“For a scenario in which two mobile operators decide to jointly apply a neutral-host model (e.g. operator 1 and operator 2 in our case study) the aggregate number of small cell sites would be reduced by 40% (QoE equal or better for each operator, compared with the deployment of a individual and dedicated small cells). Or even 50% (applying neutral-host model to all sites shared by both operators); resulting again in a significant reduction in costs also for dual operator neutral-host model.”

4G LTE Mobile Network Architecture

Neutral Host – Single Carrier small Cell- Single PLMN

Supported today by RKTPL’s E1000 series eNodeB with embedded EPC.RKTPL  can setup Single Carrier GWCN (Gateway Core Network) as below:

Single Carrier GWCN (Gateway Core Network)

Neutral Host – Single Carrier small Cell-Single PLMN  and Multi PLMN

Supported today by RKTPL’s E1000 series eNodeB with embedded EPC.RKTPL can setup Single Carrier GWCN (Gateway Core Network)  and or Single Carrier MOCN Multi PLMN as below:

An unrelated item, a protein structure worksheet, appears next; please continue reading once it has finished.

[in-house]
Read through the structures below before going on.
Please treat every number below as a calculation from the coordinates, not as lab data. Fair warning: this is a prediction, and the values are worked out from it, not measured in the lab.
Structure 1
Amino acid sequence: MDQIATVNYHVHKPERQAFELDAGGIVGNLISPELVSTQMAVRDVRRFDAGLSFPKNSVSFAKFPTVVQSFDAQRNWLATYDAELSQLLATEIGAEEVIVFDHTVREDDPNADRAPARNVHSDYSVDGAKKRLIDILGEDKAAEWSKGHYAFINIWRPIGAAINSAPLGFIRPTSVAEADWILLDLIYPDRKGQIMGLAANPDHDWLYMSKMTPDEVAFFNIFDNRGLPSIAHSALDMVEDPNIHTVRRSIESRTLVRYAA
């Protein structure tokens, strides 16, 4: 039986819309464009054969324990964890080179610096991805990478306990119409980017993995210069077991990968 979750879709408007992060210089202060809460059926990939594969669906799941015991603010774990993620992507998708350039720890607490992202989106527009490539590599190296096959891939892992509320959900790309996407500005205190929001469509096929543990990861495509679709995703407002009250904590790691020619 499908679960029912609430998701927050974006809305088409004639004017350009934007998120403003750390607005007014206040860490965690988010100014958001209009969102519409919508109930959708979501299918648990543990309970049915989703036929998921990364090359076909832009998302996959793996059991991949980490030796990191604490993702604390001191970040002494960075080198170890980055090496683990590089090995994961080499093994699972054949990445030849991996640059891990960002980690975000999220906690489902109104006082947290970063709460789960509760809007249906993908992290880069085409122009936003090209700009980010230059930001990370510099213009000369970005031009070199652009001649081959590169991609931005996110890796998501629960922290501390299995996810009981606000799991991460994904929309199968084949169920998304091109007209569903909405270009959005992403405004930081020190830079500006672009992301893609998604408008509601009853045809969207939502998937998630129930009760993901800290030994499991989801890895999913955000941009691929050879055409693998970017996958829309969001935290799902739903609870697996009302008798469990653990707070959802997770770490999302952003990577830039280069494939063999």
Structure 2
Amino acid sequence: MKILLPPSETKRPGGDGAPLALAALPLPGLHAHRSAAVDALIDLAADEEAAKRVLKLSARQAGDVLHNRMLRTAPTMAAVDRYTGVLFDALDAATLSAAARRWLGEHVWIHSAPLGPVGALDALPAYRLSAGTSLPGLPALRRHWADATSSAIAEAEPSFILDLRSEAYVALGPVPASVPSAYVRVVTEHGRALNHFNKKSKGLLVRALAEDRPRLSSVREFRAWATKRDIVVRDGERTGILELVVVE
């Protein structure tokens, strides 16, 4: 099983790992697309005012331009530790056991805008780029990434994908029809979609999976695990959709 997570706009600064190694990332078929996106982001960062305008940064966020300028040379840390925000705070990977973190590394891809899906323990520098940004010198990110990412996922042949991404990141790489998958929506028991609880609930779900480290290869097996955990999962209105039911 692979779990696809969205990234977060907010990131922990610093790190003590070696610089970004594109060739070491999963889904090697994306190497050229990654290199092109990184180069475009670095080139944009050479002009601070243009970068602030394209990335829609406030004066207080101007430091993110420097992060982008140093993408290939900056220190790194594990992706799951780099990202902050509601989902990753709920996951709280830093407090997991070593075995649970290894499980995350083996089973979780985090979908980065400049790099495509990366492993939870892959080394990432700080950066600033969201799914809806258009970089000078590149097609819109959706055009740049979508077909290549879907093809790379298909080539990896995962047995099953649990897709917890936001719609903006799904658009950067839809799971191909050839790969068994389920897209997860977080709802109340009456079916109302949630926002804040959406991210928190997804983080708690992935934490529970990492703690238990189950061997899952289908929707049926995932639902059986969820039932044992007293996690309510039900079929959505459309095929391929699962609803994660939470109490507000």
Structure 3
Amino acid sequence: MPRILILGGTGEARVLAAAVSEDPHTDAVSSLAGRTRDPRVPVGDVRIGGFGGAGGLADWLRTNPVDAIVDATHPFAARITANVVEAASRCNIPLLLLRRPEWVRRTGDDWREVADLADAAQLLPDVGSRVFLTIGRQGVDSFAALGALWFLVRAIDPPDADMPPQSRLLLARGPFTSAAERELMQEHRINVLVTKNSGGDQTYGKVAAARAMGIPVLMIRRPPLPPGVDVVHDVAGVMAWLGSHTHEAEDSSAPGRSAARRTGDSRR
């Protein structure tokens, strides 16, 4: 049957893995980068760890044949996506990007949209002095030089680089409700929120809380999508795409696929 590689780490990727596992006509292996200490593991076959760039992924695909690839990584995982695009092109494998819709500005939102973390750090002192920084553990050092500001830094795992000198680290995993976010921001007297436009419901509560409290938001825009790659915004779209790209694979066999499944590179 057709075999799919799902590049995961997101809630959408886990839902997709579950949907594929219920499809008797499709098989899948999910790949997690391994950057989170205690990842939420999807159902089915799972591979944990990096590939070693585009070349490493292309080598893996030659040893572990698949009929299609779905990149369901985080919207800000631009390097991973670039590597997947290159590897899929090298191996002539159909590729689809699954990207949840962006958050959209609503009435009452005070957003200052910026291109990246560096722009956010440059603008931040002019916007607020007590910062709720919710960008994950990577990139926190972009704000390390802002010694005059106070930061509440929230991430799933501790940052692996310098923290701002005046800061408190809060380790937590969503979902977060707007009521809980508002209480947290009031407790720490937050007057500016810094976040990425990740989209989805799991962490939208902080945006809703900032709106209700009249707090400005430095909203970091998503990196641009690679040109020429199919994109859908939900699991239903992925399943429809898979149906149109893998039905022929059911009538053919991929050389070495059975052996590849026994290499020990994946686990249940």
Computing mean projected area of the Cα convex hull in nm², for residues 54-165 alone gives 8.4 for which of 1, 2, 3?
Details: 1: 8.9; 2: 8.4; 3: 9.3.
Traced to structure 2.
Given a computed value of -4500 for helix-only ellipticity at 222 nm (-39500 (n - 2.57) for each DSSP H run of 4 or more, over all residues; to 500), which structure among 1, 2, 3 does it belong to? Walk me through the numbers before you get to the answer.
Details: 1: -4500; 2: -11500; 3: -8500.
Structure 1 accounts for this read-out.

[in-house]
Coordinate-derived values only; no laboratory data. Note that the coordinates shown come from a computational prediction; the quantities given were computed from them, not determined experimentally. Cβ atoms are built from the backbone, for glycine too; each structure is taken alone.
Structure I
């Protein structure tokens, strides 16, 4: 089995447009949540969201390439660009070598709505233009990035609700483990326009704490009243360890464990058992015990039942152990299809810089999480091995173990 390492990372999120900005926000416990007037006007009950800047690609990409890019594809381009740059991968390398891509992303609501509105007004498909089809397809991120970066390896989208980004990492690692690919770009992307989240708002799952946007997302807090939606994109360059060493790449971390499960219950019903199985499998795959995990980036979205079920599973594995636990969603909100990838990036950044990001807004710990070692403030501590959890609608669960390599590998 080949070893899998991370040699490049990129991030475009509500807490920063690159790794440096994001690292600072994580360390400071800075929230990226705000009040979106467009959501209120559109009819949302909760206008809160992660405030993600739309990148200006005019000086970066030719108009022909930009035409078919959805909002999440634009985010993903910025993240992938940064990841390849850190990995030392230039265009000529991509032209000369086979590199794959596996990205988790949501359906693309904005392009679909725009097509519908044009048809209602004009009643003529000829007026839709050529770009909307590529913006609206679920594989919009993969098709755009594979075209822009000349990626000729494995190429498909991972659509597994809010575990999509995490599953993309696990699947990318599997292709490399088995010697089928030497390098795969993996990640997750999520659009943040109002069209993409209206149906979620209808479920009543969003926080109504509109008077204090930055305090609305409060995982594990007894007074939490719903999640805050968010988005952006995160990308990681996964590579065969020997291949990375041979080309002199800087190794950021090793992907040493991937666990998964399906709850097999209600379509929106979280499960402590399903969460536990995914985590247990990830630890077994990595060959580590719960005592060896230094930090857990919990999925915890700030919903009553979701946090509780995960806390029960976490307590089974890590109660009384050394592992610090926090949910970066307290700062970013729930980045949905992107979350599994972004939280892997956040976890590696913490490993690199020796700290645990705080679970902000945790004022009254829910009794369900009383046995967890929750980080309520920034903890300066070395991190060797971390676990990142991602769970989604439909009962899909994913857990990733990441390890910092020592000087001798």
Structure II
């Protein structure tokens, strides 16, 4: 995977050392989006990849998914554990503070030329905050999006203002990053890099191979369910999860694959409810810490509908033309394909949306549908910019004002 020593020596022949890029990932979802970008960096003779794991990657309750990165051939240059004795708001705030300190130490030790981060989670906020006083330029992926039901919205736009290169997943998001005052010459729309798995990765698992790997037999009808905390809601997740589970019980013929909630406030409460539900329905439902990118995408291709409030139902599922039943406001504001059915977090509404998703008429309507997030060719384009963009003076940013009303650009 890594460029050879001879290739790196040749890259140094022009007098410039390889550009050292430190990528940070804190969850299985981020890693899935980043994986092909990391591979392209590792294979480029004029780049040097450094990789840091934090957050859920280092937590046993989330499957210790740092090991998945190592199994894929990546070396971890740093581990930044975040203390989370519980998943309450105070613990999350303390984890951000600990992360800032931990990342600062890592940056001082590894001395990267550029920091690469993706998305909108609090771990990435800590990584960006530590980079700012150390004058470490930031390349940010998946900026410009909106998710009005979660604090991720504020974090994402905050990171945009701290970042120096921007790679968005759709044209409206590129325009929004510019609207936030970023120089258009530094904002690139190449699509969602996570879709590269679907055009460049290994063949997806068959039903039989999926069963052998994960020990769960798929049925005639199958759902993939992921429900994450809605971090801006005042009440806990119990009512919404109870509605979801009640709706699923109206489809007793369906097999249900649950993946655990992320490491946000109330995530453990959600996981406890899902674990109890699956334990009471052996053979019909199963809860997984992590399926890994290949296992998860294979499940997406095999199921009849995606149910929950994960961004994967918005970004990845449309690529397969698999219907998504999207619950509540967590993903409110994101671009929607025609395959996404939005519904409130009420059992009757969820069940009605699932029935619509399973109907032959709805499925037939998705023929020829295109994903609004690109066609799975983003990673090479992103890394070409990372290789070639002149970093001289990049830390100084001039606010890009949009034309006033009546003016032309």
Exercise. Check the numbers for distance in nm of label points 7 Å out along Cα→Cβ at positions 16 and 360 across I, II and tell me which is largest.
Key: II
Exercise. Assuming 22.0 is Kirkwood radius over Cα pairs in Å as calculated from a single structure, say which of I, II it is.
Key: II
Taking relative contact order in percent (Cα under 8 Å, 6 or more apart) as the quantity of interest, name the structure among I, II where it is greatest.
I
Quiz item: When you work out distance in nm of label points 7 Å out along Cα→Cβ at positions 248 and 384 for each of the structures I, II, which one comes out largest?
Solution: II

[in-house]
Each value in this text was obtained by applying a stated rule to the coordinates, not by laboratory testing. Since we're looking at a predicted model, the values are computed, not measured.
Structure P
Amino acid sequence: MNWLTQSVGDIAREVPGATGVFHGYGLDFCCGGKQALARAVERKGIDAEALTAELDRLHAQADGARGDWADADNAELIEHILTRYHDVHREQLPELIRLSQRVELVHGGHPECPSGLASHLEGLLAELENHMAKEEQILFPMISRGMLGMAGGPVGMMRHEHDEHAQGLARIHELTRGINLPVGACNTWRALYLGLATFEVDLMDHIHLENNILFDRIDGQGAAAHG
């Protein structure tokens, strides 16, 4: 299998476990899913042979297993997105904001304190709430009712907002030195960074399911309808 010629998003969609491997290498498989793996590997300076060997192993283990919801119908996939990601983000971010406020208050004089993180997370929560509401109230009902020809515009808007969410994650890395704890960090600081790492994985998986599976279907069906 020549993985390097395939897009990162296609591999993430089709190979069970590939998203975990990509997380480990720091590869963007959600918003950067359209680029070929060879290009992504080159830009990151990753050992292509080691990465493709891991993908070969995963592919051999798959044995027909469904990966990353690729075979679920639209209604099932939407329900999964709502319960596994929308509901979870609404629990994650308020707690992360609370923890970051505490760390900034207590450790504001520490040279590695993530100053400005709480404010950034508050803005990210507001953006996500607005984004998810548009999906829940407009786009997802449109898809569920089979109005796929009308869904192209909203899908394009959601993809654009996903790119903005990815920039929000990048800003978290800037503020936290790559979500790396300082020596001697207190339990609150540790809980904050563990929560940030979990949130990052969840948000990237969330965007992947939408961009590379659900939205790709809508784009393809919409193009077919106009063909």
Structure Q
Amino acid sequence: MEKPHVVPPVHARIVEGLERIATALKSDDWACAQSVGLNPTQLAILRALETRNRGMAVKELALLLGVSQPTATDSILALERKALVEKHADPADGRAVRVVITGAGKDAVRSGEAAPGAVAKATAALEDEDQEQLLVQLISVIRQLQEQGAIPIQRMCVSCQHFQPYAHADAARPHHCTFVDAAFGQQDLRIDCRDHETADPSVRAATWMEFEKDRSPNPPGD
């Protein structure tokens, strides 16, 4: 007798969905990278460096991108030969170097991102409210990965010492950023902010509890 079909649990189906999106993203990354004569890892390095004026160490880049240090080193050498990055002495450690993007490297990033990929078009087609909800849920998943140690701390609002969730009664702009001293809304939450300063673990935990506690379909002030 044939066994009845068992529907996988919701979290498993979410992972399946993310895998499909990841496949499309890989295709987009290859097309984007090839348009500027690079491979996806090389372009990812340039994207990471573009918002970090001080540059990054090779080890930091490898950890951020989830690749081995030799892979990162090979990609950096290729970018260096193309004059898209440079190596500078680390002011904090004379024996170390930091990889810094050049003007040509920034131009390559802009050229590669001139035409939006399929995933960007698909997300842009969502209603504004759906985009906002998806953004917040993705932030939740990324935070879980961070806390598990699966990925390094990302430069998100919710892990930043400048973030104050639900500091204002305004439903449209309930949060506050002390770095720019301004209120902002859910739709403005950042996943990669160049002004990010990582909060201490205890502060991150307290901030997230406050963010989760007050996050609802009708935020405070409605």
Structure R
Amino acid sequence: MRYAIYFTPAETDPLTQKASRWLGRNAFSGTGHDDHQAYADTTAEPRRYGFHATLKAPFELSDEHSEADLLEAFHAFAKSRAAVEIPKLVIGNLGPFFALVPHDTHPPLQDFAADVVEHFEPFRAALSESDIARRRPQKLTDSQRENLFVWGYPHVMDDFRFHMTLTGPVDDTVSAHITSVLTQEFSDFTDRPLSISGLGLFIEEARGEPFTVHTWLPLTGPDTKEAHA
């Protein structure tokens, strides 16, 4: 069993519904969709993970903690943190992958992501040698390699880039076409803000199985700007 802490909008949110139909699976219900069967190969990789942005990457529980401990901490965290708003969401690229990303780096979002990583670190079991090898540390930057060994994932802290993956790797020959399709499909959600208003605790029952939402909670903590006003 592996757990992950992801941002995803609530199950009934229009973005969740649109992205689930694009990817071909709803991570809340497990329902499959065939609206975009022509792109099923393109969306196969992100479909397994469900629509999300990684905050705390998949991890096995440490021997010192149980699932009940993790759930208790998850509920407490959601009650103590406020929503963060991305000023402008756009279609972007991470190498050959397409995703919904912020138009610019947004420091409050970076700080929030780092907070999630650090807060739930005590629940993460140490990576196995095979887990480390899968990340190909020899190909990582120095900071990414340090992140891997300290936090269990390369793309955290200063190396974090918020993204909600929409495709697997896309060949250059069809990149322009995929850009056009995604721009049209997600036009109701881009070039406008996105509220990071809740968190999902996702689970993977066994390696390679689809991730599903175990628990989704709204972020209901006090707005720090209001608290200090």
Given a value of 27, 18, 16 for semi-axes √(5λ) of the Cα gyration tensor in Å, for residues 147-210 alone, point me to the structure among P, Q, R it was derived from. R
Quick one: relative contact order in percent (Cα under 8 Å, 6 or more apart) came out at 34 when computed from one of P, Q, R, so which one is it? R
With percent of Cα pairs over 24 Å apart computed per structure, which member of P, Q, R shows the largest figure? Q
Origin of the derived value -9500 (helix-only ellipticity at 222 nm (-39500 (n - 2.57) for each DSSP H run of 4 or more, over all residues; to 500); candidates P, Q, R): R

Single Carrier MOCN Single  PLMN  and Single Carrier MOCN Multi PLMN

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As a leading technology and solutions provider, RKTPL brings together the top global ICT companies to advance the industry’s business priorities. RKTPL is currently working to address 5G, robocall mitigation, Smart Cities, IoT, artificial intelligence-enabled networks, distributed ledger/blockchain technology, cybersecurity, emergency services, quality of service, billing support, operations, and much more. These priorities follow a fast-track development lifecycle – from design and innovation through standards, specifications, requirements, business use cases, software toolkits, open source solutions, and interoperability testing.